Viral information: how states and platforms deal with Covid-19-related disinformation: an exploratory study of 20 countries
Kettemann, M. C., & Fertmann, M.
The Working Papers of the Global Digital Human Rights Network contain both an idealistic and a practice-oriented dimension. It is often difficult but always unavoidable for academia to reach out to the “real world”. Scholars working with digital human rights have for some time realized that in the digital domain of human rights theory matters less and technical solutions matter more. The Working Paper series, again idealistically, attempt to reverse this pattern. The level of this goal’s pragmatism depends on the Network’s capability to break or at least question the strengthening grip of the online companies as powerful actors in defining the image of human rights in the digital landscape.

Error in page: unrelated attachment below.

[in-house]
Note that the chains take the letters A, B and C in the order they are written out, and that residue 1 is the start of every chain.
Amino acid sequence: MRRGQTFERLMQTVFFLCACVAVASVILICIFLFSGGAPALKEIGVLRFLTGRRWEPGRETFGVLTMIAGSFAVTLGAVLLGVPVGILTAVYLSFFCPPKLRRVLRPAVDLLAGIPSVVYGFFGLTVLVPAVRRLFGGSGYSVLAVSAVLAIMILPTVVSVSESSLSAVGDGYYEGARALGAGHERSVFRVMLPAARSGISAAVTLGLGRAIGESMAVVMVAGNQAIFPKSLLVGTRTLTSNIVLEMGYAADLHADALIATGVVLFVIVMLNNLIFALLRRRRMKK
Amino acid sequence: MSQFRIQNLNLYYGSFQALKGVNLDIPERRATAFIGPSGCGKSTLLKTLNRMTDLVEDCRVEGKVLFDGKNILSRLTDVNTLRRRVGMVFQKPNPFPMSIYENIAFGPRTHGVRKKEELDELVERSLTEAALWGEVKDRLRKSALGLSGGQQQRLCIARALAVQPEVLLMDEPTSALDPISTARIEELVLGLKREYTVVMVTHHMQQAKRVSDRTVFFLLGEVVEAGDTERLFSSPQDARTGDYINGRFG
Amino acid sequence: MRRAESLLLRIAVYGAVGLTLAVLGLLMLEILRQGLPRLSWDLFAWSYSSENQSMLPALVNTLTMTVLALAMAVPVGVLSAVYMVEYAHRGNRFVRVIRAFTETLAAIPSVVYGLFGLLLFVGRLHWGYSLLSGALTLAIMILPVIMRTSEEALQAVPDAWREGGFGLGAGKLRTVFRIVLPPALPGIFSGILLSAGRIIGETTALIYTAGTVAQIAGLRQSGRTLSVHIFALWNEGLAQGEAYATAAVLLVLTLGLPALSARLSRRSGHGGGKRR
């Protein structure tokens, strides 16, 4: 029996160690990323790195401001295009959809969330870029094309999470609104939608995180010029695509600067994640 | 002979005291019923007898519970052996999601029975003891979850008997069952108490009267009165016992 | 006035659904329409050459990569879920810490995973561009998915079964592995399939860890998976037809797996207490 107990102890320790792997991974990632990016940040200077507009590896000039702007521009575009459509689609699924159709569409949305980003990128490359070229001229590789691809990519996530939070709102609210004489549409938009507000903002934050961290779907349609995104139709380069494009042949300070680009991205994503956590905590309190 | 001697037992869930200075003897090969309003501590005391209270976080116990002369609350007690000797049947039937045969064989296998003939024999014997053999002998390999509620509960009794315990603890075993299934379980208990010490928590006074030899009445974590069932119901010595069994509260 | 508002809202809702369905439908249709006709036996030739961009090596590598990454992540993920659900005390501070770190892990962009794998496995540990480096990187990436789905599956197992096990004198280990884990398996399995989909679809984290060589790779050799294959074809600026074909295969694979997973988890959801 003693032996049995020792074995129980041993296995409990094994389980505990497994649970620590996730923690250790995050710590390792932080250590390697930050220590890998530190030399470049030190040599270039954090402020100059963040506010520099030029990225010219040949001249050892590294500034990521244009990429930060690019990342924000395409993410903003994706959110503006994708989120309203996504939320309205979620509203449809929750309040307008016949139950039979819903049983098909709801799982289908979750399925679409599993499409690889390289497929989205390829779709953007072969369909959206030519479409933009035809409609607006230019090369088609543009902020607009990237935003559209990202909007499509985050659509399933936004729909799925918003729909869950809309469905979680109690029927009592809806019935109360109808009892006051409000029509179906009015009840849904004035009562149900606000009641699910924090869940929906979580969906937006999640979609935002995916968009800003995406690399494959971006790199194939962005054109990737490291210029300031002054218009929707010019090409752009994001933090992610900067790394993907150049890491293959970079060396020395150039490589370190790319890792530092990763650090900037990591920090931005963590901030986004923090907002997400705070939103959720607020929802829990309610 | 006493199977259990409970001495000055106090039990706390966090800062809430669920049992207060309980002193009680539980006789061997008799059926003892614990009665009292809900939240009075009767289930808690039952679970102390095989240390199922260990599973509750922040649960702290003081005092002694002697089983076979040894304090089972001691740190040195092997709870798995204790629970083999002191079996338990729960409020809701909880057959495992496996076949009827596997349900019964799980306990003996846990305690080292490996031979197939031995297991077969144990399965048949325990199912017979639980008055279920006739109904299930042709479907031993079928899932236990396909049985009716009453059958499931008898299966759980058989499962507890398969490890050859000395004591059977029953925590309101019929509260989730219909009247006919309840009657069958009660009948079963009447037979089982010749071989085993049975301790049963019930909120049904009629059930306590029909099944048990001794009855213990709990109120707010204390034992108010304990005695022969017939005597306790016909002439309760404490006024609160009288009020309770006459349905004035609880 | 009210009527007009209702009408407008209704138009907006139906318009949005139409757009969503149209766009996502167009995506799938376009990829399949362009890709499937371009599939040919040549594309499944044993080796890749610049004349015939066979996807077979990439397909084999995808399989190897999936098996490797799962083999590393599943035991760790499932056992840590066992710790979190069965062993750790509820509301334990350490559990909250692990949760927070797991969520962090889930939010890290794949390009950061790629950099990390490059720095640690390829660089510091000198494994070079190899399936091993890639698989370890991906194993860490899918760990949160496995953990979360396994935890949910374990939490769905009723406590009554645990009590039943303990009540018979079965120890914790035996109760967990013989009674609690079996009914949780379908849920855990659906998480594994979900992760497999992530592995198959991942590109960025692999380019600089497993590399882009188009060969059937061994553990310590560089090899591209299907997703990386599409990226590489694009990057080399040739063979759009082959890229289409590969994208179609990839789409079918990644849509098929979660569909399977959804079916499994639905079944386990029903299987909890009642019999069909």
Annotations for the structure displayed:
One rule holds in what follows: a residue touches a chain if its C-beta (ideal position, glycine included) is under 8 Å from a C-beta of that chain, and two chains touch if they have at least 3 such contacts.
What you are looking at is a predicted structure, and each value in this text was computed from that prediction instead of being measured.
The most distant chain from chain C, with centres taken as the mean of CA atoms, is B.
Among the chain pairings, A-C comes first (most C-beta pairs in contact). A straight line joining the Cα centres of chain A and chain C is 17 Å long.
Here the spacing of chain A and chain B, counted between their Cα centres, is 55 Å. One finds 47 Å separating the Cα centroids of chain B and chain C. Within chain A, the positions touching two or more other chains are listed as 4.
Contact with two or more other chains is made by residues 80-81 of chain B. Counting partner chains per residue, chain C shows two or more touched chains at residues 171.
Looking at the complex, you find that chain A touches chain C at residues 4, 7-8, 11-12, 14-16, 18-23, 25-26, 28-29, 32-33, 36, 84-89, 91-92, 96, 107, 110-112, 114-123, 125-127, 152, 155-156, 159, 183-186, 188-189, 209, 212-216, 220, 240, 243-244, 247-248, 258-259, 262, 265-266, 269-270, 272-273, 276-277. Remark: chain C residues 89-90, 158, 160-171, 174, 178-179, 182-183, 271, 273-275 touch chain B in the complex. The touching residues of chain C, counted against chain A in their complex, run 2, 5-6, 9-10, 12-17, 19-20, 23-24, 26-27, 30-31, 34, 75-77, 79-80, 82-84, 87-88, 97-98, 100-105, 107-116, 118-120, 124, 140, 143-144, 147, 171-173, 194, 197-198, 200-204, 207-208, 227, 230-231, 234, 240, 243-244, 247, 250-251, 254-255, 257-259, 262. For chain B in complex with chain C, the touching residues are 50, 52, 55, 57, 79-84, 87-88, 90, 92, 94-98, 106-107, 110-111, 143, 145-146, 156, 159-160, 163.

The current inaugural edition clearly shows how turbulent times accelerate the solidification of the novel “digital paradigm” in human rights protection. What during ordinary times could have taken decades may show itself as an important trend within a brief time due to the pandemic crisis. This means “normalization” of features which previously were considered contestable. For example, absence of transparency and foreseeability as inherent charac- teristics of private content governance has long been tacitly accepted because of the focus shift from the content assessment process to the outcome. But during difficult times, people expect answers and justification for decisions that impact how they can communicate.